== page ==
Masha Dowell: How did you come on board the project as Executive Producer/Director?
Hemingway: I met Ben and Lena here in LA about 6 years ago and we became instant friends and supporters of each other’s craft. Over the years we continue to discuss the lack of support there is in our community and the need to help find a solution to that and be a part of the change. Bros presented the perfect opportunity for us to “Not only talk about it, but instead BE about it’ – we could be an example of how we as African-Americans can unite our talents, collaborate, have ownership and enjoy the process without being comparative or competitive. So when Ben sent me the script I instantly shared it with my producing partner, Mark Taylor, who was mutually excited about the material. We quickly agreed to come on board as Executive Producers under our banner HEMINGWAY | TAYLOR and I would direct.
Masha Dowell: You’ve done Dear White People and Twenties, which are slightly different in subject matter to Bros Before Hos, what made you want to do the project?
Waithe: They might be different in subject matter, but they all tell a story that I haven’t seen before. “Bros Before Hos” is fresh and exciting. That’s what made me want to come on board and produce the pilot presentation and ultimately the show if we get picked up. I love Ben’s voice. And the story of a gay black man and his two very straight black brothers was one I wanted to be a part of. It’s daring, funny, and sexy all at the same time. Which is a great combination. This is one of those stories that needs to be told. I’m just glad I was able to help bring Ben’s vision to life.
Masha Dowell: You guys have seemed to create a NEW collective of filmmakers in Hollywood. What’s the mission of the collective? Members? Upcoming projects? Any recent haps that we should know about?
Waithe: The collective came about organically, but it’s a small group of writers, actors, directors, and even casting directors who all have the same mission. To be great or die trying. We have a lot of projects that are in the development stage and as soon as we think they’re ready we’ll debut them to the world. The main thing folks should know about are THE TABLE READ SERIES where we table scripts and get feedback from fellow writers as well as our actors, and THE ASPIRING WRITERS INITIATIVE which we created to help up and coming writers write a solid script as well as give them a leg up when it comes to entry level jobs in the industry.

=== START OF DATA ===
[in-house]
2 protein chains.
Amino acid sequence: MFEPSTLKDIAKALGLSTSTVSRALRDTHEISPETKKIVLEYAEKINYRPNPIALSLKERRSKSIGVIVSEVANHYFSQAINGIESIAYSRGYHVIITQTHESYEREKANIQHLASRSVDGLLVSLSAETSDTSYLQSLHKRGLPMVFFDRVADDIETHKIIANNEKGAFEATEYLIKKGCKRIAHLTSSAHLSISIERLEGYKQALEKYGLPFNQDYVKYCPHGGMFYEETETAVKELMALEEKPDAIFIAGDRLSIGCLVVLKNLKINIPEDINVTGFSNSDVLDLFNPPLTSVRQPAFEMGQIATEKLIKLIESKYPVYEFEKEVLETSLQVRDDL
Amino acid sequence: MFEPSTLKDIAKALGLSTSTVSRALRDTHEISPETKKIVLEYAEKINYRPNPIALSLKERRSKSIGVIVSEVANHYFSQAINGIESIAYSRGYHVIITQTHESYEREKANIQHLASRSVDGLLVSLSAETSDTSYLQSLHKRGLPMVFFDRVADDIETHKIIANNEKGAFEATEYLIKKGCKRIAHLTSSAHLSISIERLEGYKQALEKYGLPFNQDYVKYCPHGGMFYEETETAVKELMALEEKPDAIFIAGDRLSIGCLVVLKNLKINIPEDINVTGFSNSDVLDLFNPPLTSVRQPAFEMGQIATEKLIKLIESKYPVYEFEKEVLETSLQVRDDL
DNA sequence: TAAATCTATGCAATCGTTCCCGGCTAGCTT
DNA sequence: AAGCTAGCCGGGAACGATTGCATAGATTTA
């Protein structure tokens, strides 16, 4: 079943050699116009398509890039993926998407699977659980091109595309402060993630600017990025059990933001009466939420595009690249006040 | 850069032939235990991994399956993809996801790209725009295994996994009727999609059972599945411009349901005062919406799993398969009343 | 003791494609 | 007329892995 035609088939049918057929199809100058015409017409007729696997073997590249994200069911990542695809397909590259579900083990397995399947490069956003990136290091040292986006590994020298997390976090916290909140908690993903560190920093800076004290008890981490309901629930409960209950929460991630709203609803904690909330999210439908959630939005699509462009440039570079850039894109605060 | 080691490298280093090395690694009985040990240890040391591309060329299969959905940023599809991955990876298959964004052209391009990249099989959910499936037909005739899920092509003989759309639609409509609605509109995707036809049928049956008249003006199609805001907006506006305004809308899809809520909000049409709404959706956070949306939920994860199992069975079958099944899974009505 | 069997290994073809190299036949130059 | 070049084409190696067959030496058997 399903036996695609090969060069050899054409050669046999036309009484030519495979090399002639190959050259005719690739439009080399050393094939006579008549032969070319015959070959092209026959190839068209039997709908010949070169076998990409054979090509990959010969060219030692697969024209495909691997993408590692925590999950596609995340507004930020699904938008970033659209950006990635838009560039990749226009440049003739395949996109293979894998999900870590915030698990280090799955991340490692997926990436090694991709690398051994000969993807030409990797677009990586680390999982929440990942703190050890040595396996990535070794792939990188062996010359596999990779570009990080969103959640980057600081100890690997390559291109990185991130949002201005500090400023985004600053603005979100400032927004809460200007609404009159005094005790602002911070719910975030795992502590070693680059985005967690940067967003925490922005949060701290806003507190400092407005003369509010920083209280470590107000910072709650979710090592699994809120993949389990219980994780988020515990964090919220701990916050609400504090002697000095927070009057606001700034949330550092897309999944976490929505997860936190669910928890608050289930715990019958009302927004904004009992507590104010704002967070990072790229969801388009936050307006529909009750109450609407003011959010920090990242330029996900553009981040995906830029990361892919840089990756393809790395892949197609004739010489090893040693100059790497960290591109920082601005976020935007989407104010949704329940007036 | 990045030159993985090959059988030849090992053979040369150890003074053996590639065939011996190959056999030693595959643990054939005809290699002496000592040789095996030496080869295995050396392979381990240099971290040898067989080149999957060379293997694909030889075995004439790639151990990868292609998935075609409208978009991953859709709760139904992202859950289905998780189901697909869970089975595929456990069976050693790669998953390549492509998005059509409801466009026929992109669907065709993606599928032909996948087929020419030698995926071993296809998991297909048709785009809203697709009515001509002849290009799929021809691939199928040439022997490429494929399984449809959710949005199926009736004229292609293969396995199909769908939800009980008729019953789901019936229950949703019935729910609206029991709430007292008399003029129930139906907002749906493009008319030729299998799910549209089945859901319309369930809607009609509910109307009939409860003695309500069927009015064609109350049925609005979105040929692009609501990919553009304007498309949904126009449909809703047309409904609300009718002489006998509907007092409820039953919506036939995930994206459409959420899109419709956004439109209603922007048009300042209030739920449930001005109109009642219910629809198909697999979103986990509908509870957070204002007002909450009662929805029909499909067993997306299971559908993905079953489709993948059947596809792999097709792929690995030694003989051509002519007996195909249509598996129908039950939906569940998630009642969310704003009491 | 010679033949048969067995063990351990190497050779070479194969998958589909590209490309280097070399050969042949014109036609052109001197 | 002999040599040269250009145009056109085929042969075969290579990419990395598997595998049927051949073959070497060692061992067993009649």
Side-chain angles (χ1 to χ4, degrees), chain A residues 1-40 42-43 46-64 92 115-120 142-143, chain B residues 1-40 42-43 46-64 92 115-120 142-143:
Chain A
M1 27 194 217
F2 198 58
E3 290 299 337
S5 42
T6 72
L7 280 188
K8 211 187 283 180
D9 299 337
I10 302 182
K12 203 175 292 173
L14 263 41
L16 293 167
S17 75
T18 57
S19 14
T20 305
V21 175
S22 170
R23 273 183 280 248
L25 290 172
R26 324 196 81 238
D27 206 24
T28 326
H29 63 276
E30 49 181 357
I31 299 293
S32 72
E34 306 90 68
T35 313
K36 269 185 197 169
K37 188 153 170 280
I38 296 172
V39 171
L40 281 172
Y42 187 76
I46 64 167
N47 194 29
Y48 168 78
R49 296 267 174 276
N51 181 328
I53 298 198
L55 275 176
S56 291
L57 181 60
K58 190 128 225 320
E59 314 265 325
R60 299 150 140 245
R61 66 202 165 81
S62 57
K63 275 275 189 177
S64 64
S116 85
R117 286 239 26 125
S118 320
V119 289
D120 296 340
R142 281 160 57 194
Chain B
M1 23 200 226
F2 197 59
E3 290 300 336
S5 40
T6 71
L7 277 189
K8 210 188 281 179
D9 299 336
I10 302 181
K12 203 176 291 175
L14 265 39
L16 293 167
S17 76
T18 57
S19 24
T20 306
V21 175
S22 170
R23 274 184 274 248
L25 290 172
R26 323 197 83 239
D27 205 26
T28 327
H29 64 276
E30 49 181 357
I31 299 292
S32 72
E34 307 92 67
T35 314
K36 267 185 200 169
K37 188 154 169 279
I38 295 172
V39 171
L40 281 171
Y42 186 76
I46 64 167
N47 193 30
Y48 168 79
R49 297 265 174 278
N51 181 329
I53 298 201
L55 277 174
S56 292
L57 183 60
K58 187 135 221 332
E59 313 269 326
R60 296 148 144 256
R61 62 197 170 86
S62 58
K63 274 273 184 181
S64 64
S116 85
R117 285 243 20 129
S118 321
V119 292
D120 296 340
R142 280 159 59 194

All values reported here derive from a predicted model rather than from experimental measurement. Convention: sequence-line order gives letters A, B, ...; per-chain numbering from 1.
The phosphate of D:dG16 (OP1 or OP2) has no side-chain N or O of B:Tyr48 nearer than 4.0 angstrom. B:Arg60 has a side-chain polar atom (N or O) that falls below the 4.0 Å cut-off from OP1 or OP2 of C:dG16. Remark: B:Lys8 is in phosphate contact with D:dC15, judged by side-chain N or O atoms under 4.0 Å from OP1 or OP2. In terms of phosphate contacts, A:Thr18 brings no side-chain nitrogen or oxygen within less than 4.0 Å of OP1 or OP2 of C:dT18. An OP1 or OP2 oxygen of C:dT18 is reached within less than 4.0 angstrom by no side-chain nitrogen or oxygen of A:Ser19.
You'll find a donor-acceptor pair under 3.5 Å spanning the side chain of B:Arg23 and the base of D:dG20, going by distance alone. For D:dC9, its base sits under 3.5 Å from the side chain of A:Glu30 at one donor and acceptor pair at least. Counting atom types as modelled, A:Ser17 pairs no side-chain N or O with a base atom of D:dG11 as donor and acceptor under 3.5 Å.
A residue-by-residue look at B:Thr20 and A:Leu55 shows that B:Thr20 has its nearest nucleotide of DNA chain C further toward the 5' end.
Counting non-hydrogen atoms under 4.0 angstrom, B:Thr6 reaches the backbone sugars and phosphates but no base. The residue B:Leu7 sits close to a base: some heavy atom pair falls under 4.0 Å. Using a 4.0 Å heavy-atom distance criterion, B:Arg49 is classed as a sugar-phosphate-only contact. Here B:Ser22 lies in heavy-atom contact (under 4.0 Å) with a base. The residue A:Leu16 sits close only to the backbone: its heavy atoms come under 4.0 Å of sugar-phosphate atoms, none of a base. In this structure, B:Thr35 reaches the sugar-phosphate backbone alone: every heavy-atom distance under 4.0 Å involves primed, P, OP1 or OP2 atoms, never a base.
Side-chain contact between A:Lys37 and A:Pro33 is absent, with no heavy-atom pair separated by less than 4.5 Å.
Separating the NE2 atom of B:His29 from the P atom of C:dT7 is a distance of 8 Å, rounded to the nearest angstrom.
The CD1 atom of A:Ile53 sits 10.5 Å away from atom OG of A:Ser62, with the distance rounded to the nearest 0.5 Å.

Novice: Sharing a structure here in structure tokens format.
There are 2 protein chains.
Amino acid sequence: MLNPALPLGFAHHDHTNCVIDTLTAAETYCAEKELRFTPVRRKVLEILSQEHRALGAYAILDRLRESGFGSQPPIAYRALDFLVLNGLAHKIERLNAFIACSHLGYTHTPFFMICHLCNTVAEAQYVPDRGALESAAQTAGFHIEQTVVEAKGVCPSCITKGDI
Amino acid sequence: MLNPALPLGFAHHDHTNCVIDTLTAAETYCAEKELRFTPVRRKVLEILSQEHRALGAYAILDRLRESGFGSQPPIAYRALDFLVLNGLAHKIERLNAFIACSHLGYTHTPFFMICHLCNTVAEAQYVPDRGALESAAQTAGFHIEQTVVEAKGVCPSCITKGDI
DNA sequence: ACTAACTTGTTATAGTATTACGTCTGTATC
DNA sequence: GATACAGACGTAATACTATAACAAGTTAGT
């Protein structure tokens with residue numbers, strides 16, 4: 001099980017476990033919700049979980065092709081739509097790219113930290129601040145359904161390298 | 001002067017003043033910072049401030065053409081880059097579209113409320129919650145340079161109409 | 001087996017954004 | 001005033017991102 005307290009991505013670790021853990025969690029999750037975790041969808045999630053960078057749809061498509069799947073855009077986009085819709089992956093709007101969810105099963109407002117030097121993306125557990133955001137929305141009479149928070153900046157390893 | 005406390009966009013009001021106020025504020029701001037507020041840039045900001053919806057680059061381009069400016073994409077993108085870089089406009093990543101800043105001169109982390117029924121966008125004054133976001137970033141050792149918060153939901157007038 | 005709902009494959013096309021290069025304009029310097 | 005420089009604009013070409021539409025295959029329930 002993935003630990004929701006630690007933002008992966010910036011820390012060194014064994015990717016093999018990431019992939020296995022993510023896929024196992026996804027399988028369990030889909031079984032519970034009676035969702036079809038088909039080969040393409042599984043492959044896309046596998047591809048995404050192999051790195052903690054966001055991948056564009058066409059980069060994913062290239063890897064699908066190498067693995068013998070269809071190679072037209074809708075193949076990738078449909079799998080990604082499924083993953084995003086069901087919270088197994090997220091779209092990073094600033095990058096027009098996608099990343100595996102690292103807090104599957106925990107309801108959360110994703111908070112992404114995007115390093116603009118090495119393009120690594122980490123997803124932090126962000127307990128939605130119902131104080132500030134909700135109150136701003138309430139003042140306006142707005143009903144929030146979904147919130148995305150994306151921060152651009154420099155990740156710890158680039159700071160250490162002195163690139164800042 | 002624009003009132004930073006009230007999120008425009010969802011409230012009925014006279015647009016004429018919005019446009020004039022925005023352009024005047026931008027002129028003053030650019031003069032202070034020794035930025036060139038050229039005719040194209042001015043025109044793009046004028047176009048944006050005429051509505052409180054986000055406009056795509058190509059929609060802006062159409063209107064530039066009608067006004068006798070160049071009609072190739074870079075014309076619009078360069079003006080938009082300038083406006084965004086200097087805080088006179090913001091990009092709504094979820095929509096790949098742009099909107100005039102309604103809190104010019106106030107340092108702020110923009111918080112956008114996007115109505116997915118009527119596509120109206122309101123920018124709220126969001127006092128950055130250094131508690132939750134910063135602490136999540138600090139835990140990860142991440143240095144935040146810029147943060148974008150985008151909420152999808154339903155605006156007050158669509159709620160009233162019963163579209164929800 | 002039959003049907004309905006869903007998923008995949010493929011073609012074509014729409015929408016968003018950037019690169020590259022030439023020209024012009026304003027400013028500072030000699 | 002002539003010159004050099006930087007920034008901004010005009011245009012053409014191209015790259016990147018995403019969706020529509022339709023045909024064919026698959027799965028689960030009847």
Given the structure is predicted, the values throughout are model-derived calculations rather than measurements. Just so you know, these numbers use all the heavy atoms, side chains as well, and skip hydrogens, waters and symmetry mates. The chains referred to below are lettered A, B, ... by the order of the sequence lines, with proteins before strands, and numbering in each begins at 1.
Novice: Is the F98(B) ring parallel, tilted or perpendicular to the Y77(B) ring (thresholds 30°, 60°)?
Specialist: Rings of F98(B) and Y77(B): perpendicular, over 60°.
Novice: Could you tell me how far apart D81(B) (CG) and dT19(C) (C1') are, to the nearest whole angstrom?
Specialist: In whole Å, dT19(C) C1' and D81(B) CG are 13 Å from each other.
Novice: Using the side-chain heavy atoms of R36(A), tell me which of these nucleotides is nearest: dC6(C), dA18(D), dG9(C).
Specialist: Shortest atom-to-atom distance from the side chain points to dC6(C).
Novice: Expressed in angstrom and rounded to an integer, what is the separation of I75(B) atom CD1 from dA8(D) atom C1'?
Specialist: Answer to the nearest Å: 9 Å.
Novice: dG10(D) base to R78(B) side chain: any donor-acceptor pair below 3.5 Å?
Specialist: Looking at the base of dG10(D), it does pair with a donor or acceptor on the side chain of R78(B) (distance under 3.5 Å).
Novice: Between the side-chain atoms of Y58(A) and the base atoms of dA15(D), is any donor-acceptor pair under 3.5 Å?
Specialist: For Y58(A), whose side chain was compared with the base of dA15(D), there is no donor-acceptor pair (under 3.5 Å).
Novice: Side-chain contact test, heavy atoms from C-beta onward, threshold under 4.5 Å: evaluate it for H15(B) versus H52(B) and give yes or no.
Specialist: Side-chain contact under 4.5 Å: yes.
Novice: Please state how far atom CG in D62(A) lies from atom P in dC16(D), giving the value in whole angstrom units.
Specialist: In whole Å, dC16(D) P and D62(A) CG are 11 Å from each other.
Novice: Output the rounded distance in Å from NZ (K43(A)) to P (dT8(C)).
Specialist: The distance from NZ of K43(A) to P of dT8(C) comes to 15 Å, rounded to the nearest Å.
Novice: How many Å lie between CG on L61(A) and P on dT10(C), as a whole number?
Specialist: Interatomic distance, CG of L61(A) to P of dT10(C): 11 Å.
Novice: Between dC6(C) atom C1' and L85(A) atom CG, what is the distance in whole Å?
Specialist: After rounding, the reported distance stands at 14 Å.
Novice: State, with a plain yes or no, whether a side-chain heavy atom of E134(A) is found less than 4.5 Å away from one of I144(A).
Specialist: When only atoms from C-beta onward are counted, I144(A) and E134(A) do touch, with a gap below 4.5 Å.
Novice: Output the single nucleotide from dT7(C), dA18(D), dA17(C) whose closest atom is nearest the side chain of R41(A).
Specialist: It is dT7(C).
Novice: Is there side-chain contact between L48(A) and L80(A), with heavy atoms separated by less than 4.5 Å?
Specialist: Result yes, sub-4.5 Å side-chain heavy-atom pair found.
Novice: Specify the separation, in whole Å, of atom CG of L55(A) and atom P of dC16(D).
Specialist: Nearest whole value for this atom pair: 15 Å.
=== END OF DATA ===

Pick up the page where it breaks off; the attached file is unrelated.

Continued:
Jones: We also have an upcoming brunch series called, “THE NEW BLACK BRUNCH,” geared towards young people of color who work in the entertainment industry in L.A. It’s an opportunity to gather like-minded folks, in the business, in the same room, as a way to build community and to help each other with opportunities and projects. It will be hosted by myself, Lena Waithe and Ashley Blaine Featherson, and we plan to do this first one in the spring and another one in the fall, so be on the look out for that.
Masha Dowell: The lead characters in DWP, Twenties, and now BBH are LBGT. Is this a focus of the collective?
Waithe: Writing LGBT characters is not the main focus of the collective. But it’s not something we choose to shy away from. We’re interested in telling our stories and the stories of those that are often left out or ignored. Because we’re all a part of the LGBT community we want to make sure our community is represented, but every story we tell won’t always have to be centered around a gay character.
Masha Dowell: What steps can our readers that are interested in the project take now to get this to network?
Waithe: They can make their voices heard by sharing the link on Facebook, Twitter, Instagram, Pinterest and send the link to their favorite bloggers. Studios and networks start to pay attention when the audience demands better entertainment.
Jones: With the success of Dear White People and Twenties, we’ve learned that the best way to show networks or buyers the potential of our projects, is to put it out to the world and let the people speak for it – good or bad. Audiences have more power than ever, and we want to empower them to have a say in their entertainment. So we want people to share, share , share and comment!
The Bros Before Hos pilot will be released mid-March 2014.
Check out a behind-the-scenes video of the making of the series below: